Also today: Europeans try to assure G7 partners Greece is not about to fall; American Olympic body hopes for better times; Zoellick says World Bank urgently needs funds; JPMorgan looks at 3-D future; Europe’s banks may ride to the rescue US renewable energy push.
BAE fined record $450 million after admitting it paid-off governments for defence contracts
Europe’s largest military contractor, Britain’s BAE Systems, has agreed to pay nearly $450 million in penalties over slush funds that won it huge defence contracts in Saudi Arabia, the Czech Republic, Hungary and elsewhere. This may just open up some light on South Africa’s dirty arms deal, after the company pleaded guilty of conspiring to make false statements about complying with US anti-bribery laws. BAE paid bribes through a network of Caribbean and Swiss bank accounts to win contracts for weapons that American defence contractors were also trying to garner. The company also agreed to pay the British government some $50 million in fines for a radar system it sold to Tanzania in 1999. Former UK Prime Minister Tony Blair stopped Britain’s Serious Fraud Office from investigating the deals with Saudi Arabia in 2006, saying Saudi leaders threatened to stop providing information on terrorists. BAE’s guilty pleas have now set a precedent, and certain South Africans should be taking note.
Europeans try to assure G7 partners Greece is not about to fall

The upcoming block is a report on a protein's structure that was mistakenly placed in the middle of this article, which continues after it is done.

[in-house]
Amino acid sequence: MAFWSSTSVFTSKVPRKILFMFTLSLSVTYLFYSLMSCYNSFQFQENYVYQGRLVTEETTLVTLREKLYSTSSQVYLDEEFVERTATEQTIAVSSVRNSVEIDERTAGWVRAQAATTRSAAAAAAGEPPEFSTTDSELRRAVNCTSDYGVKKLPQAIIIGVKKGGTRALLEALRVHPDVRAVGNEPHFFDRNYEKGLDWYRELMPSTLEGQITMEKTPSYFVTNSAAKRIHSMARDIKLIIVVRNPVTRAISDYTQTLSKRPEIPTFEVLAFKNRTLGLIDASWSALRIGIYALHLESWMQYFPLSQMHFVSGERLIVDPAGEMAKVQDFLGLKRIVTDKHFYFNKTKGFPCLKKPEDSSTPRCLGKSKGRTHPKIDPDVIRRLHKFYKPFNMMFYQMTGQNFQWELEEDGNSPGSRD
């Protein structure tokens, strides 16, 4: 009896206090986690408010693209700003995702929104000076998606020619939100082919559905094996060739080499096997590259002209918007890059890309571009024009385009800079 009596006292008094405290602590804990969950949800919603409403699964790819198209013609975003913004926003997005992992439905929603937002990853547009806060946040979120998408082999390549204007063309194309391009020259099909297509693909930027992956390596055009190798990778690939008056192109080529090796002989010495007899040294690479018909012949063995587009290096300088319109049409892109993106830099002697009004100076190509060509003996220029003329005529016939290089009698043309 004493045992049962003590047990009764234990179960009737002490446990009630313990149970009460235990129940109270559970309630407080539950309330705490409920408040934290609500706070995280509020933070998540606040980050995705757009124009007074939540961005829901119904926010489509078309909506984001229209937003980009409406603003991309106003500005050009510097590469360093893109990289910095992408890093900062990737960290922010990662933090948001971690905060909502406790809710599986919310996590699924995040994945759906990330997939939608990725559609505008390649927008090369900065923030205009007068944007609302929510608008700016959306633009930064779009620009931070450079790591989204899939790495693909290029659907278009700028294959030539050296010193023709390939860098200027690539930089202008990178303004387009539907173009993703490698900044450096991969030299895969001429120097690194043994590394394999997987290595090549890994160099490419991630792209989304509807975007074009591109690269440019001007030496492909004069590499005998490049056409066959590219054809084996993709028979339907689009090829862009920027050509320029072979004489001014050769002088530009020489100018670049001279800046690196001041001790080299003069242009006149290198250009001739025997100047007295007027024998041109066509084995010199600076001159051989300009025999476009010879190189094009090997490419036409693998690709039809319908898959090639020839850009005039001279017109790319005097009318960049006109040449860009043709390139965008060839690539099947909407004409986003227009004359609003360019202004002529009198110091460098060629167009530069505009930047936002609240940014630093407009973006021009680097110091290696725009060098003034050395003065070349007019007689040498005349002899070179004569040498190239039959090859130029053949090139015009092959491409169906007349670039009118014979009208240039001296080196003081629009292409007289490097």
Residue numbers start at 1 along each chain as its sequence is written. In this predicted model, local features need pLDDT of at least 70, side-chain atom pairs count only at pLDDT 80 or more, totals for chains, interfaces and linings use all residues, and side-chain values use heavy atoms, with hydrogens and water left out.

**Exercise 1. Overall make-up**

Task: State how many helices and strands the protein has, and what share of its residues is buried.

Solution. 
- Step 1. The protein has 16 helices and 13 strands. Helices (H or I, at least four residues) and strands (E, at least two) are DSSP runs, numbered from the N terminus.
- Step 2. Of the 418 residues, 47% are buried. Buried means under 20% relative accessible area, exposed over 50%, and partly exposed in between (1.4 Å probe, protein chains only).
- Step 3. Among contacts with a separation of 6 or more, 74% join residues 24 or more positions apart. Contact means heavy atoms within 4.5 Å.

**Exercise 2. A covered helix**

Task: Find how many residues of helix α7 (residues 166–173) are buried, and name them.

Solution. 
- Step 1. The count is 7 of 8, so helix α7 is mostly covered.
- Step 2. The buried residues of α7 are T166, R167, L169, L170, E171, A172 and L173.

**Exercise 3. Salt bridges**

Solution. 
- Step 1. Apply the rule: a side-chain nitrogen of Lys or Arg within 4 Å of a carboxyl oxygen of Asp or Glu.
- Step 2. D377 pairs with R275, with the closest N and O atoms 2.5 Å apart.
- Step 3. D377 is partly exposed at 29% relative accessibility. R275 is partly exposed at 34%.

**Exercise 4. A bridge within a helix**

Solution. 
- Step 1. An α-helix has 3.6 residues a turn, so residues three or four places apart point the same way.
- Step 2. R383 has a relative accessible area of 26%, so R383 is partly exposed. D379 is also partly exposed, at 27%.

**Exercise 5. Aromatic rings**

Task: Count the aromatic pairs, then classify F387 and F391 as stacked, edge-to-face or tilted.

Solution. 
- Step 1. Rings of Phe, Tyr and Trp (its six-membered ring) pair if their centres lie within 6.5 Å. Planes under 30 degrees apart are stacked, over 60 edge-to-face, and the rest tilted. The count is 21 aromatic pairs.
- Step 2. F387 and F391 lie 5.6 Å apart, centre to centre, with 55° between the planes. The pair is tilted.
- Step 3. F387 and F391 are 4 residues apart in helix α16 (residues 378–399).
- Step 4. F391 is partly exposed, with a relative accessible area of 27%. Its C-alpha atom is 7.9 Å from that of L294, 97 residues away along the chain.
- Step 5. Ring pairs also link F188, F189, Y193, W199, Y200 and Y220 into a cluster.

The G7 decided to get as far away from people as possible in their latest talks aimed at avoiding a double-dip recession. Maybe they fear a new round of public protests as European members of the elite club provide reassurances that debt-laden Greece won’t be allowed to collapse; the body says that global banks should pay for future bailout funds. But the world is watching them in Iqaluit in Canada’s frozen north, as they pledge to press ahead with economic stimulus in the face of rising European sovereign debt that’s being punished by global stock markets. The Greeks are trying to persuade financial markets they can cut debt of some $270 billion without assistance, as credit-default swaps in Greece, Portugal and Spain rose to record highs this week. Greece’s deficit of 12.7% of gross domestic product is way above the EU’s 3% limit, and few are sure that the country will return to health in 2012 as promised by Europe’s central bank. Tough times indeed.
American Olympic body hopes for better times
The non-profit US Olympic Committee has appointed it seventh CEO in 10 years, and hopes Scott Blackmun will stop the haemorrhaging of sports sponsorships worth more than $15 million in 2009, including those of bankrupt General Motors and Bank of America. The politically-dysfunctional body is one of a few worldwide committees that doesn’t get government money, and it’s felt the freeze brought on by the Great Recession as international sports federations simultaneously pressured it to renegotiate the outsized financing it got from the International Olympic Committee. Reports say it’s unlikely the US will bid for Olympic Games in the foreseeable future, after Chicago lost a bid to host the 2016 Olympics in favour of Rio de Janeiro, and US media and domestic federations demanded the resignations of CEO Stephanie Streeter, and chairman, Larry Probst. The new team has many relationships to mend, as the global Olympic movement depends on American corporations and television ratings to finance the Games.